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Supreme Court: Prayer deemed constitutional in government meetings

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TYLER (KYTX) - By a narrow margin, the Supreme Court decided Monday to uphold the tradition of praying before government meetings. The decision was a few years in the making, starting when two women from a small New York town sued city officials, calling prayers at government functions unconstitutional.

CBS 19's Katiera Winfrey spoke to community members and explains how this decision impacts east Texans.

This case centers around the first amendment: separation of church and state. The question: does praying at government meetings like city hall or county meetings promote a particular religion?

In a four to five vote the Supreme Court decided it doesn't.

While most agree with the tradition of prayer, should there be stipulations?

Saying a prayer at city hall and county meetings across the country, has become tradition.

"The fact is members of the court are Christian so the prayers we have said ourselves have had a christian meaning," said Smith County Judge Joel Baker.

Opponents said that's their concern -- that Christianity is favored at government meetings. That's what led two women in Greece, New York to file suit against the city for violating the first amendment of the constitution: separation of church and state.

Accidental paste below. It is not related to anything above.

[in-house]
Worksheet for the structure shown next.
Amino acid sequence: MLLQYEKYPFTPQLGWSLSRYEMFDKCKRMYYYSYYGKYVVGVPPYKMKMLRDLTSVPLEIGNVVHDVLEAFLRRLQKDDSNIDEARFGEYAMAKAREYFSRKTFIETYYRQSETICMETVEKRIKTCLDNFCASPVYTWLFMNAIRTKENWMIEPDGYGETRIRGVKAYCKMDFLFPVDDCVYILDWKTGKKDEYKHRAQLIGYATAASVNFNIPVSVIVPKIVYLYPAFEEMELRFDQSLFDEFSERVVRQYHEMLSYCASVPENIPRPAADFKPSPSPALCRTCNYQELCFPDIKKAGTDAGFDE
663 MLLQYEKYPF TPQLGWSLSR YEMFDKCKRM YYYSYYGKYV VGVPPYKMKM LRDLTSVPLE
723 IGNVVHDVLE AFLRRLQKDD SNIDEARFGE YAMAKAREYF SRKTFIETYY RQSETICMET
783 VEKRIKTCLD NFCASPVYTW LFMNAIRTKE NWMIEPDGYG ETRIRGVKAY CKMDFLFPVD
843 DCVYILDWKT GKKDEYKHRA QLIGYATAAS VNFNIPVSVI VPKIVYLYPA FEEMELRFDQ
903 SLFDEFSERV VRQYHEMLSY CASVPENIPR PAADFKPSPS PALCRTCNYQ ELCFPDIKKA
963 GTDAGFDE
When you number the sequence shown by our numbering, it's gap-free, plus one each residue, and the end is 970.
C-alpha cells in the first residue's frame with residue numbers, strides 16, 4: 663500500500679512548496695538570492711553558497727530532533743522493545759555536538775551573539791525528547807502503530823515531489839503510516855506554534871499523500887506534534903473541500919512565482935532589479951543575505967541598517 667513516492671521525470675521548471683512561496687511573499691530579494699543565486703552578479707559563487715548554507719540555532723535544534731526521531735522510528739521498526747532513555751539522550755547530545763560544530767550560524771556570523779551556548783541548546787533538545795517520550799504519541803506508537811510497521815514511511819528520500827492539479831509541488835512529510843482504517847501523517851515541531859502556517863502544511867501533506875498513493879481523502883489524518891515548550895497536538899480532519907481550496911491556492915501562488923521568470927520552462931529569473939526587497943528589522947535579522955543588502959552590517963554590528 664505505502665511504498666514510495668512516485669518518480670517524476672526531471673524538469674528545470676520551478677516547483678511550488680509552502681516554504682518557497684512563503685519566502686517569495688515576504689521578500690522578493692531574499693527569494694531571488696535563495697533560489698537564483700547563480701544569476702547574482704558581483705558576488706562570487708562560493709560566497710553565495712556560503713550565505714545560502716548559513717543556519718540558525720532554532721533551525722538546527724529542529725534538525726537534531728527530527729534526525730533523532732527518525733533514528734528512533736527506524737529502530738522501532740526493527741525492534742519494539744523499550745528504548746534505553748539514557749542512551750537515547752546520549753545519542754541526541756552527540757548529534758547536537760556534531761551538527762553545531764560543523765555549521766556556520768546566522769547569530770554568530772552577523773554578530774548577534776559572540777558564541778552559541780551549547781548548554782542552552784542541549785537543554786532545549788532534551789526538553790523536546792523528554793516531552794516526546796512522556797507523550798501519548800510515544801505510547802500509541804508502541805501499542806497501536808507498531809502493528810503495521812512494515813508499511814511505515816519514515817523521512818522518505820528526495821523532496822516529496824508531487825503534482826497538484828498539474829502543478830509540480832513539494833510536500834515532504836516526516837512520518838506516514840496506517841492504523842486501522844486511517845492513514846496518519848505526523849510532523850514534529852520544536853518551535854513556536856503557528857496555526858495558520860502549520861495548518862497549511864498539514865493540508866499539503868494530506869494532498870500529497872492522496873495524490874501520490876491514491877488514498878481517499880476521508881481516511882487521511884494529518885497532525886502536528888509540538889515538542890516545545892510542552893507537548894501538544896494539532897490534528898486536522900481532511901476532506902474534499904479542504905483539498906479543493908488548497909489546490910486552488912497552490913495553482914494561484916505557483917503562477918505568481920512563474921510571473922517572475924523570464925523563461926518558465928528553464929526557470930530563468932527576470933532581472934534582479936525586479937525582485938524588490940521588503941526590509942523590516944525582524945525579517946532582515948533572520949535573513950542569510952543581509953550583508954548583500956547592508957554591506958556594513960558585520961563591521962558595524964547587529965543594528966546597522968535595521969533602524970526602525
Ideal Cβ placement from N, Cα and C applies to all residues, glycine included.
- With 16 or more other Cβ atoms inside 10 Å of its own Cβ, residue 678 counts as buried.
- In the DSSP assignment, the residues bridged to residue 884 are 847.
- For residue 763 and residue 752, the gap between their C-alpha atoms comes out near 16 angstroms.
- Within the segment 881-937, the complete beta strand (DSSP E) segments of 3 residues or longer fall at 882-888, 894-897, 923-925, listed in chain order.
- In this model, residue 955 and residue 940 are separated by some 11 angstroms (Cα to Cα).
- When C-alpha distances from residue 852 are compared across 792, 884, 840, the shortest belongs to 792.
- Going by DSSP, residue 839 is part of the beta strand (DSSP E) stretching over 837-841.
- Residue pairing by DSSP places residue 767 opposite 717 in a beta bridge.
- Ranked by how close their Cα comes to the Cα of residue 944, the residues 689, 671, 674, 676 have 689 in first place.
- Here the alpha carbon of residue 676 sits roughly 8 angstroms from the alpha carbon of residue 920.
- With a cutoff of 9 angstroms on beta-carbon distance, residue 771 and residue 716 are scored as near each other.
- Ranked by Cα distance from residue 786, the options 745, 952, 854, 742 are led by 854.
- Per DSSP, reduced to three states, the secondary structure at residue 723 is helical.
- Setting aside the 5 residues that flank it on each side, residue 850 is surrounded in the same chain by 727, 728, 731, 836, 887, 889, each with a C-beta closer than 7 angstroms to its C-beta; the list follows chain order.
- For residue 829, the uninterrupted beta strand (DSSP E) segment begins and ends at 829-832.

Justices ruled prayer at these meetings is just part of tradition -- and should stand as long as it doesn't threaten condemnation or promote conversion.

"We've made our peace that we're in Christian east Texas," said Congregation Beth El Rabbi Neal Katz.

He understands tradition, but he thinks prayer at government functions could be more all-inclusive.

"I think the issue is asking that the people who are doing prayer with an understanding that they may be doing so for people who aren't Christians," said Katz.

Judge Baker said, the intention of city offices isn't to promote one religion over the other.

"That's not to say we couldn't have another religion opening the session," he said.

He believes ultimately, the supreme court decision upholds one crucial value of freedom of speech.

"Even for those who are not Christian it supports all of our freedoms and that's an important thing to remember," said Baker.

The four other justices who voted against this say the decision alienates other religious groups. They said the decision could show favoritism to one religion --and in turn violate the constitution's first amendment... Separation of church and state.

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